Assorted memorabilia —PHOTOS BY CERES DOYO
Assorted memorabilia —PHOTOS BY CERES DOYO
Tribute to excellence
The museum occupies some 140 square meters, a compact easy to navigate space with items curated by Philippine culture expert Marian Pastor Roces.
The museum too might well be a tribute to excellence, as Palma was a woman of many firsts: the Philippines’ first woman prosecutor, first woman district judge, first woman in the Supreme Court, and “the first woman in the world assigned to lead the creation of a constitution,” in reference to the 1987 Constitution.
Just as prominent in the museum’s timeline about her life was how Palma stepped prominently into the scene in 1973 when martial rule heralded a difficult chapter in Philippine history.
The timeline near the museum’s entrance is delicately embossed on glass and shows the life and times of this Batangueña and her family, her early schooling at St. Bridget’s College in Batangas and at St. Scholastica’s College in Manila where she graduated high school valedictorian.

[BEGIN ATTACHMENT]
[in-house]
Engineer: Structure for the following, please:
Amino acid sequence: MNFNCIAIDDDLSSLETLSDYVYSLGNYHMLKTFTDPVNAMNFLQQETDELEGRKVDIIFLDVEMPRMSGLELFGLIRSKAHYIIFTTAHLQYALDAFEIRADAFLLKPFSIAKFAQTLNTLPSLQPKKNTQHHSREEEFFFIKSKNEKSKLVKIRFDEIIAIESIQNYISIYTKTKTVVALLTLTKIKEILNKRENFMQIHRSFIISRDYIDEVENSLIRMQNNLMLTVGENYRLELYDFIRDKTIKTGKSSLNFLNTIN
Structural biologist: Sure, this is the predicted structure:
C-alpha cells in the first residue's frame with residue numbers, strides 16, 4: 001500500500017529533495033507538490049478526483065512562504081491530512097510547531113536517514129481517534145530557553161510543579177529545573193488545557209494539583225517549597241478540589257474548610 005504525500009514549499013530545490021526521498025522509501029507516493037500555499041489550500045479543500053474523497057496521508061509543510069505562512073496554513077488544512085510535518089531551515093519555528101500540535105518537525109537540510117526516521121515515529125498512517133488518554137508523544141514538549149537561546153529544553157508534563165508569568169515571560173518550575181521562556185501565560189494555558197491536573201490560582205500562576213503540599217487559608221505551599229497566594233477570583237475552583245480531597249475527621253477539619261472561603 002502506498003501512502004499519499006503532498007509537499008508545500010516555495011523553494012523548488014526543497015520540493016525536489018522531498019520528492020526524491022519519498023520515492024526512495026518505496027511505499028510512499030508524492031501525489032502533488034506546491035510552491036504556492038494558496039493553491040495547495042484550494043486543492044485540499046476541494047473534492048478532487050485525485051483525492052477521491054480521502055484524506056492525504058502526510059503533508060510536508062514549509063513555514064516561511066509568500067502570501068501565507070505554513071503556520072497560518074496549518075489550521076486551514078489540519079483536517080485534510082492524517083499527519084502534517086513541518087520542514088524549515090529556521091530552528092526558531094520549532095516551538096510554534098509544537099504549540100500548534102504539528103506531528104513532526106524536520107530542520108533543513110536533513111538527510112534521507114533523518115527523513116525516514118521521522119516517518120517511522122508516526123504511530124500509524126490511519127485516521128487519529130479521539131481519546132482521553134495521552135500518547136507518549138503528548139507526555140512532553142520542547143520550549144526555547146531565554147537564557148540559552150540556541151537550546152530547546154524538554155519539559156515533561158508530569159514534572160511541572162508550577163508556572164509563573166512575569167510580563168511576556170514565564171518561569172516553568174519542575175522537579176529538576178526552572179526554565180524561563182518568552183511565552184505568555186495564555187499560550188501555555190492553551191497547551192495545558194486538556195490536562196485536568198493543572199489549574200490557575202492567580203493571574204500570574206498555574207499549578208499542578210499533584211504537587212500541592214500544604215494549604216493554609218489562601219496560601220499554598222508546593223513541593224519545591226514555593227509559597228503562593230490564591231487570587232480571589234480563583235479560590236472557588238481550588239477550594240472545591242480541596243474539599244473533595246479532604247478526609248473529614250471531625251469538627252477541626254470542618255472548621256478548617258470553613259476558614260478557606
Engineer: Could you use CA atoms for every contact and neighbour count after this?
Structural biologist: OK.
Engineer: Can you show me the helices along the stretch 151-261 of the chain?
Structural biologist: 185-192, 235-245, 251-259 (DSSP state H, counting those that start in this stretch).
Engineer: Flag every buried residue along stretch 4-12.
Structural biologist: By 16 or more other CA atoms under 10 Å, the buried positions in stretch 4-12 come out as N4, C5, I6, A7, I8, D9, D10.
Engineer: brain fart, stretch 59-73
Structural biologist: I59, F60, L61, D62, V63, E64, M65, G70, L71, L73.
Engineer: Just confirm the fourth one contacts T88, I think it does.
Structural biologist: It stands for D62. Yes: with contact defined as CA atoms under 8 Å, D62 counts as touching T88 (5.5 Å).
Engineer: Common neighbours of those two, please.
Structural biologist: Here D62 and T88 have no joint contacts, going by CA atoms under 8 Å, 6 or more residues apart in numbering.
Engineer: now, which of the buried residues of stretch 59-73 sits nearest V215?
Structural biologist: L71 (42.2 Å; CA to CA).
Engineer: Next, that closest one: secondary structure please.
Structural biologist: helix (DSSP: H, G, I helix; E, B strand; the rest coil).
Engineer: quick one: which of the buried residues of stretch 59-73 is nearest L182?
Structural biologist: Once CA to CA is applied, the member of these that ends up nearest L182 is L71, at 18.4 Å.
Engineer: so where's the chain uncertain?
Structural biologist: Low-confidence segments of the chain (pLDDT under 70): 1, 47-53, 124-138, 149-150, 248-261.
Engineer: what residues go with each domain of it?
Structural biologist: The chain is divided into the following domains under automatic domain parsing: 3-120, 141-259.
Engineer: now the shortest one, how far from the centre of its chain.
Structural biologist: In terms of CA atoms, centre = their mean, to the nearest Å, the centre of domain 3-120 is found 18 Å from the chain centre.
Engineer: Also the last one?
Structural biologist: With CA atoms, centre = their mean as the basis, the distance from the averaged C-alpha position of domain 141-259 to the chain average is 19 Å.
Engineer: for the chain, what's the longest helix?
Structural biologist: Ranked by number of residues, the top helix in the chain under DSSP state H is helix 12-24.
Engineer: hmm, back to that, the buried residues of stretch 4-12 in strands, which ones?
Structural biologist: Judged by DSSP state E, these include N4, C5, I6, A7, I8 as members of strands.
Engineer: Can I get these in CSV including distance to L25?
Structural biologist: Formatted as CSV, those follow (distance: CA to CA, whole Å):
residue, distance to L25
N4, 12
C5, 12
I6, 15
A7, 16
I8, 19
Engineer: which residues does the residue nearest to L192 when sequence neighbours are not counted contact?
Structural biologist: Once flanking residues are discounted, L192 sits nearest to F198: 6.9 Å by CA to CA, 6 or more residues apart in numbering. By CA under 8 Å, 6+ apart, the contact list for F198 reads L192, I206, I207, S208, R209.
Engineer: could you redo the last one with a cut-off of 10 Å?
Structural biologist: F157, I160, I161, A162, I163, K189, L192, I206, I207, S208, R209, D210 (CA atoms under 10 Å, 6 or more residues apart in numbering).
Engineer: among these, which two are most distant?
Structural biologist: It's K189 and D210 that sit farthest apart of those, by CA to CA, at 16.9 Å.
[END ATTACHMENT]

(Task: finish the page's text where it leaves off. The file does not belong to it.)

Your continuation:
She was also college valedictorian at the University of the Philippines College of Law, where she met fellow law student Rodolfo Palma who became her husband. They raised three children.
Palma topped the bar exams in 1937 with a grade of 92.6 percent.
The photographs in her timeline highlight the seasons in her life: the child Celing in an angel costume and in gowns as she approached maidenhood. They also celebrate her many roles as wife, mother, judge, Supreme Court Associate Justice, assemblywoman, constitutionalist, God’s faithful servant.
1987 Constitution
At the center of the museum is a copy of the 1987 Constitution crafted by a constitutional commission presided by Palma as its president, which museum guests can peruse freely.